2. Anal fissure
An anal fissure is a split in the skin of the anus which causes pain and bleeding – especially when you’re going to the toilet. You might find that you have a poo and experience a really sharp pain initially, followed by a deep burning pain that lasts for hours afterwards. You might also spot bright red blood in your toilet bowl or on the tissue when you wipe.
The symptoms are so specific that it’s usually quite easy for doctors to diagnose this in conversation, however an examination is sometimes necessary. This involves a doctor popping a gloved finger just inside your anus to check for cuts.
“It can be treated by making sure your stools are soft (using laxatives if needed) and creams to heal the fissure,” explains Dr Ward. “Sometimes, if there is no healing happening, a surgical procedure may be needed.”
People with anal fissures might find it helpful to change aspects of their diet to ensure their stools are soft – especially as the cuts can often be caused by constipation. Get lots of fibre in your diet, drink plenty of fluids, and exercise regularly to keep your bowels moving-and-a-grooving.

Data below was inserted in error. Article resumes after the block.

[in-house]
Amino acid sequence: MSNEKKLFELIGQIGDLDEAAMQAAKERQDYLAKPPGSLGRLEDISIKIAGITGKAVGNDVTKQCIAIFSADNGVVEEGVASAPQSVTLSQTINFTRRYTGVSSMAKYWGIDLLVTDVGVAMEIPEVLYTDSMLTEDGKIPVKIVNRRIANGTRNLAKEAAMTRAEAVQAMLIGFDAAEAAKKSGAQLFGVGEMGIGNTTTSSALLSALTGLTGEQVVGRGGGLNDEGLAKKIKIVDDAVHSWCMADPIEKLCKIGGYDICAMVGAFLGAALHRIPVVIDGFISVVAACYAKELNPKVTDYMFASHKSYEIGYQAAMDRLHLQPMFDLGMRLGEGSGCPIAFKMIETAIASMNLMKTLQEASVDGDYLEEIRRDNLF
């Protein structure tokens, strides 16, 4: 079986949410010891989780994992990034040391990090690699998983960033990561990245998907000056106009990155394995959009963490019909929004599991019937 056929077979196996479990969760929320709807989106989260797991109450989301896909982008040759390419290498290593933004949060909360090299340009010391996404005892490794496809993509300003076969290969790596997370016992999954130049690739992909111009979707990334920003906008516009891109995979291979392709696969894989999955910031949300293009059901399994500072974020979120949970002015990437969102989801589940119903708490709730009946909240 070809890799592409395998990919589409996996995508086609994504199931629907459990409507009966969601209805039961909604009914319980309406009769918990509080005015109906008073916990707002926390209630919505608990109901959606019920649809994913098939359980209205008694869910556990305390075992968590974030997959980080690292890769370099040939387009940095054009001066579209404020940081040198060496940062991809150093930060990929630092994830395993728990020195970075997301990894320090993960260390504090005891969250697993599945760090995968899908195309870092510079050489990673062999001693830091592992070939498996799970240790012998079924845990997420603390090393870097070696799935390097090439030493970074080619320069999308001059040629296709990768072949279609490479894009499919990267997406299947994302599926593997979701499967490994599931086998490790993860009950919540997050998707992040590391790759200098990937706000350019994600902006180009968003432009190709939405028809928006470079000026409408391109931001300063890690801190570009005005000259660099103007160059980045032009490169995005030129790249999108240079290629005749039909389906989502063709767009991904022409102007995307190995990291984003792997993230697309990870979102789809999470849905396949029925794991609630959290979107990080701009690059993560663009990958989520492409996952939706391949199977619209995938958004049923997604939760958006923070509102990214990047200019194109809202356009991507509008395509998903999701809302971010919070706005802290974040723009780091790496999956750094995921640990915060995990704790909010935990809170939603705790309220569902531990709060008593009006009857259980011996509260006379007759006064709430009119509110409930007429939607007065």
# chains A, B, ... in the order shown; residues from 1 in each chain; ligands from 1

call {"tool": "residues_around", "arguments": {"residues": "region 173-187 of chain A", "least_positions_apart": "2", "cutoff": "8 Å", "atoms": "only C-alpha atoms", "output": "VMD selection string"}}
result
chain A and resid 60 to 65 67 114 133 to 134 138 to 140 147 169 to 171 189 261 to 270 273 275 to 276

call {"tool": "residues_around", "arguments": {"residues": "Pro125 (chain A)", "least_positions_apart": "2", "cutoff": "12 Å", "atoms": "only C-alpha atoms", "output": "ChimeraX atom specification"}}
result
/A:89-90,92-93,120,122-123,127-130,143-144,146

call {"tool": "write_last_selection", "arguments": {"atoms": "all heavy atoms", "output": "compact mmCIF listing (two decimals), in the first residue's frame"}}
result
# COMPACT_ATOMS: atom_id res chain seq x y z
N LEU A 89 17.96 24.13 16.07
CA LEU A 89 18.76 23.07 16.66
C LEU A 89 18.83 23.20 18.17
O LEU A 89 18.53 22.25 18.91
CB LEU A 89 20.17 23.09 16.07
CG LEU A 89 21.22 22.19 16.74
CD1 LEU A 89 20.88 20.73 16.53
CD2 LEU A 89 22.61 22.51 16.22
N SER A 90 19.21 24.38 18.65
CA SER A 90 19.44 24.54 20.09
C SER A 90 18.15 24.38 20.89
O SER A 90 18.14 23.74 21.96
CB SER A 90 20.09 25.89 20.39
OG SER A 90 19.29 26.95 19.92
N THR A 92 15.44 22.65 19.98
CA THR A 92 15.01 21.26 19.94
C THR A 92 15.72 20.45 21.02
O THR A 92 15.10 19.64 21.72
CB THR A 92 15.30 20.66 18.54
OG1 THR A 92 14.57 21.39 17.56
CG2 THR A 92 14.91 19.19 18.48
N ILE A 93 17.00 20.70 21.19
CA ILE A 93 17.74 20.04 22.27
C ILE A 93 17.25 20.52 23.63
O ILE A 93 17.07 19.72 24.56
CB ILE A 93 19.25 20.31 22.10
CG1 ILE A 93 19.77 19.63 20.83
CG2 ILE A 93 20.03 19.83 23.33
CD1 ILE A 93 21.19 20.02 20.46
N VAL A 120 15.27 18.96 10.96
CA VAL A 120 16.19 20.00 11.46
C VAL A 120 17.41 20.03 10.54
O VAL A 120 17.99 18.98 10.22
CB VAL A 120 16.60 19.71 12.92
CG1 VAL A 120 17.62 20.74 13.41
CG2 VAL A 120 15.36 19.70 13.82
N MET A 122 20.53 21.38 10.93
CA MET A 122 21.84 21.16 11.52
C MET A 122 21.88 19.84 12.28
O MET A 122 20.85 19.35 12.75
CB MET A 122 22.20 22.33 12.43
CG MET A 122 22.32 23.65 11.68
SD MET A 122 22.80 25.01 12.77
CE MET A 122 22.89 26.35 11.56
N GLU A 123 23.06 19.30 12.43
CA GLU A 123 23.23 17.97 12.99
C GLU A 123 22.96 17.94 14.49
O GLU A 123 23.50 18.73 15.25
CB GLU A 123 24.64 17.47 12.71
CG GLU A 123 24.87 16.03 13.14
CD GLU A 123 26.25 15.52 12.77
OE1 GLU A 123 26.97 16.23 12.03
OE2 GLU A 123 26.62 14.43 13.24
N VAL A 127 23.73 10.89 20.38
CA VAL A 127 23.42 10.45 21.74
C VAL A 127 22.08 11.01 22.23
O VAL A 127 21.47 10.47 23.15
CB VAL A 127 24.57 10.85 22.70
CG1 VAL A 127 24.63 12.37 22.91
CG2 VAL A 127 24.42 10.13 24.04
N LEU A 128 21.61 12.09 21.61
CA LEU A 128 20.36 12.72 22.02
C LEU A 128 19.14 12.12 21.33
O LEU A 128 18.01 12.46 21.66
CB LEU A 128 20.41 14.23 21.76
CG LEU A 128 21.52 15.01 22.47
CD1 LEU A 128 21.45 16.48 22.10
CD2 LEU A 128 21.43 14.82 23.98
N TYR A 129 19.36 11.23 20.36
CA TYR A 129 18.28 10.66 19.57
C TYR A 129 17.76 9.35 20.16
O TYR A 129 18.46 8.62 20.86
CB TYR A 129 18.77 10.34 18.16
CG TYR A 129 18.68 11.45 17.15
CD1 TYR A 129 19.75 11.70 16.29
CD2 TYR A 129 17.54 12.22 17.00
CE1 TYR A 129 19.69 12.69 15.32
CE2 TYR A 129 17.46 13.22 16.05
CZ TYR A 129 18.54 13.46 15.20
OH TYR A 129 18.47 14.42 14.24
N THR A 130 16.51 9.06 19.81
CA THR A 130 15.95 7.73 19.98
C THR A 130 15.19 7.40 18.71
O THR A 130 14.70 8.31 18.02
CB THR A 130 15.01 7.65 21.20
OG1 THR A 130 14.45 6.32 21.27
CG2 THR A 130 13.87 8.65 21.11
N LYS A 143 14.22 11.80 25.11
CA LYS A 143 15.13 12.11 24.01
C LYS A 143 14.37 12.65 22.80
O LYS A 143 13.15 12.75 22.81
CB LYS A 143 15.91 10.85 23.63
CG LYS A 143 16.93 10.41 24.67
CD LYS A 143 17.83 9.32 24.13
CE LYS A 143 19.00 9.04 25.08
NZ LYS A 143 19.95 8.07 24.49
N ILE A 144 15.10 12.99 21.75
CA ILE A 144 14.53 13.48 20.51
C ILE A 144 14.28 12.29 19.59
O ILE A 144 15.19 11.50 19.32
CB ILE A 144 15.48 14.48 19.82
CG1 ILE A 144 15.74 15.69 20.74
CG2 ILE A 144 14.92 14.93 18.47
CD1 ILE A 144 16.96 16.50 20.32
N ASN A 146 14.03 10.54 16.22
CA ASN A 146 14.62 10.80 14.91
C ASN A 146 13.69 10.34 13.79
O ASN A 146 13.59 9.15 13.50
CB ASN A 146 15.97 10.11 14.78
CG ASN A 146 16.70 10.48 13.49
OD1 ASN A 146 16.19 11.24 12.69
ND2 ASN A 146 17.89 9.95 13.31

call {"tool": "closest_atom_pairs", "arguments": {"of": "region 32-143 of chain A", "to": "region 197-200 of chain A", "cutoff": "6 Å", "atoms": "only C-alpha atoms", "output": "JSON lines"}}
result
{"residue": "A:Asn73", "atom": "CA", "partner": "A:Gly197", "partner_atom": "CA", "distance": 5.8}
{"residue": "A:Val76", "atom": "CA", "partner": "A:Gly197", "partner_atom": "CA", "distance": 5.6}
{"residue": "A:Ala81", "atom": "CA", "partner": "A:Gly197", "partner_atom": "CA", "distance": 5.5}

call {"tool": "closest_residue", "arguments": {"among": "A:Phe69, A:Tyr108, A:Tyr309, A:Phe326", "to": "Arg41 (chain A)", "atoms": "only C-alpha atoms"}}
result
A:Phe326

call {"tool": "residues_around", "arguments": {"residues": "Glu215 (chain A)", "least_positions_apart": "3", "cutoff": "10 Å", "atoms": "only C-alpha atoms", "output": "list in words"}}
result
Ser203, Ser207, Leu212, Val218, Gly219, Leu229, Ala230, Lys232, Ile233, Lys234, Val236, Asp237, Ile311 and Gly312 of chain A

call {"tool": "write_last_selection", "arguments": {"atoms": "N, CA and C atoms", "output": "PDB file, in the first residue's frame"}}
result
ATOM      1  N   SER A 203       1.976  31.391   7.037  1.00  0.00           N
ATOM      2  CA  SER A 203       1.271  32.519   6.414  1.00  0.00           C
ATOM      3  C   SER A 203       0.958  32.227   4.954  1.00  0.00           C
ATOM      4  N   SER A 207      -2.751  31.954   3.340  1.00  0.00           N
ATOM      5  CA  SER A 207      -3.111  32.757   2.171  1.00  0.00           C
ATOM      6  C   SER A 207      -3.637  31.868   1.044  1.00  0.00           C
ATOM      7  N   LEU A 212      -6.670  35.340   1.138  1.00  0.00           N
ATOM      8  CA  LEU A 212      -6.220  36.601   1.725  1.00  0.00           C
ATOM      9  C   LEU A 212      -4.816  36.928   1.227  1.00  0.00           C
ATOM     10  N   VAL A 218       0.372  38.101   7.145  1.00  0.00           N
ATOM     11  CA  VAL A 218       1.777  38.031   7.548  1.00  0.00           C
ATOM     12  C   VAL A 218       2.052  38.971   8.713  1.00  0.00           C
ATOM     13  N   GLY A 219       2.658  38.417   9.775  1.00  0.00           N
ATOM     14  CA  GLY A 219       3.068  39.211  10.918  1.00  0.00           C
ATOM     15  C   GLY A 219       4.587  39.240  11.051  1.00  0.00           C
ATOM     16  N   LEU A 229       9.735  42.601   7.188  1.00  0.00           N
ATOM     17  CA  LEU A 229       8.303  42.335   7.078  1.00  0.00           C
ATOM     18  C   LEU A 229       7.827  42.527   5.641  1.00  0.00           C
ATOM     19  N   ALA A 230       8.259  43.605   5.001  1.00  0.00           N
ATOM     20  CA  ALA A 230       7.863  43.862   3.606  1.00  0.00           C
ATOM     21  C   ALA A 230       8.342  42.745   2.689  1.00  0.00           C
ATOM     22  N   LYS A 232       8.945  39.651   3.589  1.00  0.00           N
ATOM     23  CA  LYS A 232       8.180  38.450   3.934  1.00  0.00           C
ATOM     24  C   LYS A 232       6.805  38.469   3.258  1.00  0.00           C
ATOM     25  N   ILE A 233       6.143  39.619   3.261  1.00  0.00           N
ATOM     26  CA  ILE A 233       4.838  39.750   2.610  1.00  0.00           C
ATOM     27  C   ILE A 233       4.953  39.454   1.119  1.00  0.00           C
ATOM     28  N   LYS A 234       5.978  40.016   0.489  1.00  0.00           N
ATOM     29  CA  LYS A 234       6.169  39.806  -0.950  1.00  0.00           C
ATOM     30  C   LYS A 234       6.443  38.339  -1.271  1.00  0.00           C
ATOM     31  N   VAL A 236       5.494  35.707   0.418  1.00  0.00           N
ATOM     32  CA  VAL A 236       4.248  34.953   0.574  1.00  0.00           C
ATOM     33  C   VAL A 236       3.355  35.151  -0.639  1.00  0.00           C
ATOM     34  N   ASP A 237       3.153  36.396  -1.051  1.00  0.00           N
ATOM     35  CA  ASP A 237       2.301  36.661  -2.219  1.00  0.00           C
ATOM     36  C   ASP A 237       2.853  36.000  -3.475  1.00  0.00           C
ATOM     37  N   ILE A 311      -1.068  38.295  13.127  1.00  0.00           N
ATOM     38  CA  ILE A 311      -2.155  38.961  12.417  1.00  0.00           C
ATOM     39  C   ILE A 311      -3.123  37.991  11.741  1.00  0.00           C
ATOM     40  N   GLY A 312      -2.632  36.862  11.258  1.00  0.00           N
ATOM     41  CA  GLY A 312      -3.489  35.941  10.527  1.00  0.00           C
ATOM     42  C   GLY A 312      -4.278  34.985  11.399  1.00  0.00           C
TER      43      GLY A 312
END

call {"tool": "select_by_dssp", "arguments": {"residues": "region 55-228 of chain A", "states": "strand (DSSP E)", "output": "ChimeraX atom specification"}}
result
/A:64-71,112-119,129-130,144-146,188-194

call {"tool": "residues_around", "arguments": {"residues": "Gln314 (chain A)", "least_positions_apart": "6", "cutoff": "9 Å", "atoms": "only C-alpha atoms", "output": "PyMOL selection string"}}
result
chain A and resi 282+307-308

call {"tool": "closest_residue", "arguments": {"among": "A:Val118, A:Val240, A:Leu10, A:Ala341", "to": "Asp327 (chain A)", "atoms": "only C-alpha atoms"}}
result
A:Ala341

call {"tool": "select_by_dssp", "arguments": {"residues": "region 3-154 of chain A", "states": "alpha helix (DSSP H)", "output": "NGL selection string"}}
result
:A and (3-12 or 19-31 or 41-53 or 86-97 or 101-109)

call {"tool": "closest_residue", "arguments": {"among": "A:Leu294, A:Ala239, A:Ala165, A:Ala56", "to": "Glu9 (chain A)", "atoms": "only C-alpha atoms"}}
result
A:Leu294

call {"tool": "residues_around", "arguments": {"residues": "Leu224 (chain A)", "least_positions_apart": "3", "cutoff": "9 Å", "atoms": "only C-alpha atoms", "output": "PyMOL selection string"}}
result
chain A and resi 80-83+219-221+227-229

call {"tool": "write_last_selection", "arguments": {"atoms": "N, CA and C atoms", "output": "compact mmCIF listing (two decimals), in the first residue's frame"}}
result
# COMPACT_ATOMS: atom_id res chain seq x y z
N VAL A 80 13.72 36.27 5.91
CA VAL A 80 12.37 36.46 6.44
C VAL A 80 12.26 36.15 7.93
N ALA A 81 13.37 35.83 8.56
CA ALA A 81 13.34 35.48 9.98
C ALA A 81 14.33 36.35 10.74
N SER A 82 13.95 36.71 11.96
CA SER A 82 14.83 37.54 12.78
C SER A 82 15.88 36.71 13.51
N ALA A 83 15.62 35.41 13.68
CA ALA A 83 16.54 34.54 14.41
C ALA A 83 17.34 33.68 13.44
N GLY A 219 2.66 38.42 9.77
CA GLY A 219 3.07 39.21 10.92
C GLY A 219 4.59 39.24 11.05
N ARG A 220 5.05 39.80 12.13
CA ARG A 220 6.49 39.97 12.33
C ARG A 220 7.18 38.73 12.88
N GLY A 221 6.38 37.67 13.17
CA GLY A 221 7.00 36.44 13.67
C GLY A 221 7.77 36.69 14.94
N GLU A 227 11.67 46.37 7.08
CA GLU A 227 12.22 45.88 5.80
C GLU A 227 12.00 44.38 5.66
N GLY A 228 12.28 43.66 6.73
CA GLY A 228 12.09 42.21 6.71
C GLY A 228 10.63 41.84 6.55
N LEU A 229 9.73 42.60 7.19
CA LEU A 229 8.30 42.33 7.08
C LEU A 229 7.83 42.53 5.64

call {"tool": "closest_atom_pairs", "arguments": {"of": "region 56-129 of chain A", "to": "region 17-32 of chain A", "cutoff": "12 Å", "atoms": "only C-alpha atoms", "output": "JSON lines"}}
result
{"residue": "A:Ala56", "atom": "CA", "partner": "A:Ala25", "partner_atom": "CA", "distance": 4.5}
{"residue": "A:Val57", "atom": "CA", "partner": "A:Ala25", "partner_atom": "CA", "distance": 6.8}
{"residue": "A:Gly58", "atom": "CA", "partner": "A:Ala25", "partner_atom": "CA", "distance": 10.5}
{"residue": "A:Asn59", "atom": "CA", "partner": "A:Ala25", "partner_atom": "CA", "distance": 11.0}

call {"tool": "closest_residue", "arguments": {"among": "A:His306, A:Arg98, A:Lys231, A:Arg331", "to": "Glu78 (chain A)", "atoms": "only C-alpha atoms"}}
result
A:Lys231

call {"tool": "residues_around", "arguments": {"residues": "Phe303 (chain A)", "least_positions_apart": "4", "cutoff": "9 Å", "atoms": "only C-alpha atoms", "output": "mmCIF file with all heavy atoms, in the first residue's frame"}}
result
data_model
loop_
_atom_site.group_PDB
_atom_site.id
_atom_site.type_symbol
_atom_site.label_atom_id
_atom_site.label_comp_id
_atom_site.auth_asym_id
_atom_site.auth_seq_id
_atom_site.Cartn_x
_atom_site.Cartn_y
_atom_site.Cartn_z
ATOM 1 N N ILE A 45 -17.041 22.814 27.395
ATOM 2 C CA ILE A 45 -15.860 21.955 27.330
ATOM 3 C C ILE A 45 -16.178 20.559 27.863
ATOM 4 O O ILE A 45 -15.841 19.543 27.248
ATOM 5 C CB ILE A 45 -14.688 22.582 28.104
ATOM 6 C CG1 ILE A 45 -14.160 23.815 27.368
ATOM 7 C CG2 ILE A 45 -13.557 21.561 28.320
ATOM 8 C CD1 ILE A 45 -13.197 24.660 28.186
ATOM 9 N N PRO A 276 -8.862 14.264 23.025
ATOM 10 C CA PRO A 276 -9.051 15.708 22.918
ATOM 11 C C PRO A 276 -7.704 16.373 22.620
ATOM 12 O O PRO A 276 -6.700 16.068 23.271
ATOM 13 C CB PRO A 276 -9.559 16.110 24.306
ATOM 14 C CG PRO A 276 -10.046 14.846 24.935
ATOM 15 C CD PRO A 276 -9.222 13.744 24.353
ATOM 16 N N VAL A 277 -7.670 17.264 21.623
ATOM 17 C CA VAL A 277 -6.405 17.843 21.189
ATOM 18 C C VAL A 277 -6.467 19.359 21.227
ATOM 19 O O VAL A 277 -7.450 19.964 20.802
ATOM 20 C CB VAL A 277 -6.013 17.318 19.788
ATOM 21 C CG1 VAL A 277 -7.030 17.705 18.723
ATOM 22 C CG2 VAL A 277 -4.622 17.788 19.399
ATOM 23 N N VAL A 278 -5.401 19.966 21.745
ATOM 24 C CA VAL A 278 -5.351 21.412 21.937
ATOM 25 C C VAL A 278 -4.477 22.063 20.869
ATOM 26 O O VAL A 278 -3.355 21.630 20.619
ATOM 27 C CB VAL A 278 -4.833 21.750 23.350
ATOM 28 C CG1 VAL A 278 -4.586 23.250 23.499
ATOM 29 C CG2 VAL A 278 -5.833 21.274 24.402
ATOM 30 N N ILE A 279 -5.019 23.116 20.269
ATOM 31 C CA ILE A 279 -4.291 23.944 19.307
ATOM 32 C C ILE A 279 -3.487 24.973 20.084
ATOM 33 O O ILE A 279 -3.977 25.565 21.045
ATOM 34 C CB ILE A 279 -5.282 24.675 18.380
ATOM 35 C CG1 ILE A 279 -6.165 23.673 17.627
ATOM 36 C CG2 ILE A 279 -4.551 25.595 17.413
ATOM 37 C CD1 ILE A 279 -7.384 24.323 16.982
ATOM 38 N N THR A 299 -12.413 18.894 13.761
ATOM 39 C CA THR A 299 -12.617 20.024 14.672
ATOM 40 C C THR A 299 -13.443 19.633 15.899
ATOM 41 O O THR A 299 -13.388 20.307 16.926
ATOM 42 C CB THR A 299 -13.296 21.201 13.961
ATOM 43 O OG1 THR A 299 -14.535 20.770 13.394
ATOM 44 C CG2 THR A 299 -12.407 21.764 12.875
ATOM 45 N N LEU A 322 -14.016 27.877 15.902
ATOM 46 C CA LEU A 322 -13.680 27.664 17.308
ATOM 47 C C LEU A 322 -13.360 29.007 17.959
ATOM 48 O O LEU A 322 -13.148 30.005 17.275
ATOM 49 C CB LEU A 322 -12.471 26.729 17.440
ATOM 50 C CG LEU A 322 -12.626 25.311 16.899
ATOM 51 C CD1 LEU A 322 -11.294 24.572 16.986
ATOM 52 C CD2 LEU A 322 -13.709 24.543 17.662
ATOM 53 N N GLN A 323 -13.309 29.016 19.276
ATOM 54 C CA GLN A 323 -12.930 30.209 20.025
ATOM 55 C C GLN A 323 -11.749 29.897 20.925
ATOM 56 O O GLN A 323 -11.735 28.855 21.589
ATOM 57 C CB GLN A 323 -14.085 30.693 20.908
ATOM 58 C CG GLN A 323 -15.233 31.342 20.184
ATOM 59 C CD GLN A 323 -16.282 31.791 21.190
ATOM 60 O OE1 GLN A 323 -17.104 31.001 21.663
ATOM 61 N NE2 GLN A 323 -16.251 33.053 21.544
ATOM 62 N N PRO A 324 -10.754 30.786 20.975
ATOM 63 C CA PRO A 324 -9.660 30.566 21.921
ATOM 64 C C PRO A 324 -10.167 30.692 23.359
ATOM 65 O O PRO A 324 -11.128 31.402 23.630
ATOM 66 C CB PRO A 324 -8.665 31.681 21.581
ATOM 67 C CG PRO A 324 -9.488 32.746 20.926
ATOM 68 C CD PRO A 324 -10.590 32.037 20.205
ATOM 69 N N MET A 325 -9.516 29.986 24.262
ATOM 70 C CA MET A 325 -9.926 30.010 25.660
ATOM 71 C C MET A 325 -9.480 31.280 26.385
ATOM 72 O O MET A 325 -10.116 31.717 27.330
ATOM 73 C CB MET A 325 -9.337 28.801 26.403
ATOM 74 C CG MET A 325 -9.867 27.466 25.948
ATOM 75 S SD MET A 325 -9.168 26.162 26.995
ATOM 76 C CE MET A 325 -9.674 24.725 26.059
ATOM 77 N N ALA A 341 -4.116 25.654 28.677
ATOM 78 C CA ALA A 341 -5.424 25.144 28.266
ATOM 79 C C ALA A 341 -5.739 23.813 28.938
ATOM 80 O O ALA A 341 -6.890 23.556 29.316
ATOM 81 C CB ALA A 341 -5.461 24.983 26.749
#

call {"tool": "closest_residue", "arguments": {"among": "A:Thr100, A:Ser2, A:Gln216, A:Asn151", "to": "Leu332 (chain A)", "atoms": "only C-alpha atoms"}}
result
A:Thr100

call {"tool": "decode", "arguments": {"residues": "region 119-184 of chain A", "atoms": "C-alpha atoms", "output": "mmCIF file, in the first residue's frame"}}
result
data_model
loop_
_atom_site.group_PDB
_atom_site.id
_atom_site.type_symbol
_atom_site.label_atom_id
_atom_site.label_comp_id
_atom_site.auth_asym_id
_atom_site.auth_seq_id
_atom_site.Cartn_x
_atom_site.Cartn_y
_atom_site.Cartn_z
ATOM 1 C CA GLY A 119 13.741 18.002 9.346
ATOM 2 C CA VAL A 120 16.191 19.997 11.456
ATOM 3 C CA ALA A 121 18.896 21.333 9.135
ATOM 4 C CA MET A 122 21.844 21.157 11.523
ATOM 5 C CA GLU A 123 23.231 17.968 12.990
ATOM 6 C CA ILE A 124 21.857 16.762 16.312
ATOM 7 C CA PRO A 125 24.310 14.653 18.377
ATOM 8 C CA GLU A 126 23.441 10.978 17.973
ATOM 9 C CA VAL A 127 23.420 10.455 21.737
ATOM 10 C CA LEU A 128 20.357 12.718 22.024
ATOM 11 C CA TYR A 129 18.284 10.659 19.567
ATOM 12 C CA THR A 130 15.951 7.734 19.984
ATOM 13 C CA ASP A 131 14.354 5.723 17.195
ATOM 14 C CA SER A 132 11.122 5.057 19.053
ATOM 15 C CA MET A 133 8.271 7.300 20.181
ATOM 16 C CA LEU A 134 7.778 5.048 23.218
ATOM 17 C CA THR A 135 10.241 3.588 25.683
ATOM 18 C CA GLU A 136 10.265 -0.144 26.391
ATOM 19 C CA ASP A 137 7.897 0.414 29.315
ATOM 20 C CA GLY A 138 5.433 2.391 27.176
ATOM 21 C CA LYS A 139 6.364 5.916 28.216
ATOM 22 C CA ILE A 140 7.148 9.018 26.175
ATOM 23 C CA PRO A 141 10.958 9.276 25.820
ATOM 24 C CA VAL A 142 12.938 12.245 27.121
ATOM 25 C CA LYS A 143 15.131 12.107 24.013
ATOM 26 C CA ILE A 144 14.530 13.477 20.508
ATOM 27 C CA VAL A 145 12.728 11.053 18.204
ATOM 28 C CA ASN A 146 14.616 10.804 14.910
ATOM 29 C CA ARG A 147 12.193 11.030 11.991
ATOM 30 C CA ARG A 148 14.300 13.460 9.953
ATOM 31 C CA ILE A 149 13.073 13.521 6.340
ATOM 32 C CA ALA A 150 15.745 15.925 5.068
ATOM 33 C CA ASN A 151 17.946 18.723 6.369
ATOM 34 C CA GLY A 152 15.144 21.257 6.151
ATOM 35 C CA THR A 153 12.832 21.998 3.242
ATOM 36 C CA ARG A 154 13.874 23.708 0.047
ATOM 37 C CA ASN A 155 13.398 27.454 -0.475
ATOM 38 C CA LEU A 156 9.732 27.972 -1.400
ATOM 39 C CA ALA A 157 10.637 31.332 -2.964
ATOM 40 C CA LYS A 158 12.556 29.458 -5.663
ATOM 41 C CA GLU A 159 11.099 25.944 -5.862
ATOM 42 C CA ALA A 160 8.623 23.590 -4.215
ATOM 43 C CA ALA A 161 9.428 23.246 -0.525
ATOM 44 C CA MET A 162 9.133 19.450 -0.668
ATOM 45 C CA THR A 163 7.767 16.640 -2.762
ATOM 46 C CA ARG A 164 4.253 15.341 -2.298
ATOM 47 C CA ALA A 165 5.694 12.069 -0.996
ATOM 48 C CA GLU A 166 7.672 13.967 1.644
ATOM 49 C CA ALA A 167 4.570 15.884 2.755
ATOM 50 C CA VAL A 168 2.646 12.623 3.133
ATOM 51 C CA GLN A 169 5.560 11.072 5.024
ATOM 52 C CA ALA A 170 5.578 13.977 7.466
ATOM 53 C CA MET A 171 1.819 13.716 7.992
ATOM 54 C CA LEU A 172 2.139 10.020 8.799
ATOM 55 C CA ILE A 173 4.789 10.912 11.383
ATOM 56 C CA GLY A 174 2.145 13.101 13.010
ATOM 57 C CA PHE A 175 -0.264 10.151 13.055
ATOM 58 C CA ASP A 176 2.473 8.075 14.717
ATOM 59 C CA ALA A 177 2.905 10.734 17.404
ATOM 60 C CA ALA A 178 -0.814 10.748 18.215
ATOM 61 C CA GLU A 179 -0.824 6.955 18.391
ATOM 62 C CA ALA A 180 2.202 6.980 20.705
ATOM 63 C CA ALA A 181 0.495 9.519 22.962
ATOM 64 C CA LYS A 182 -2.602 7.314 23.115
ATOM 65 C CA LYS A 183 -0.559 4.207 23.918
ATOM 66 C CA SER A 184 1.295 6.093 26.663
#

3. Skin problems
Just like we can develop skin problems on our face, arms, legs and torso, we can also get issues around the anus – often cause itching, dryness and discomfort.
“A condition called lichen sclerosis presents with itchy, uncomfortable, white skin patches,” explains Dr Ward. “This can also occur on the penis and vulva.”
This can impact people of all ages (children included) but is most common in women over 50. Unfortunately it can’t be cured, but can be managed with steroid cream. People with this particular skin condition might also find it helpful to wash with emollient soap substitutes instead of regular soap, regularly apply a barrier cream or ointment (such as petroleum jelly) to affected areas, wear cotton or silk underwear and use lubricant if sex is painful.
“The appearance is characteristic but diagnosis is confirmed with a skin biopsy,” says Dr Ward. “Lichen sclerosis increases your risk of developing cancer of the vulva or penis, so it requires annual monitoring.”
Thrush is also a common condition around the anus, causing itching, soreness, redness or fissures. It can be treated with cream from your GP or pharmacist, says Dr Ward, although it’s worth noting that some of these creams can weaken latex condoms, diaphragms and contraceptive caps.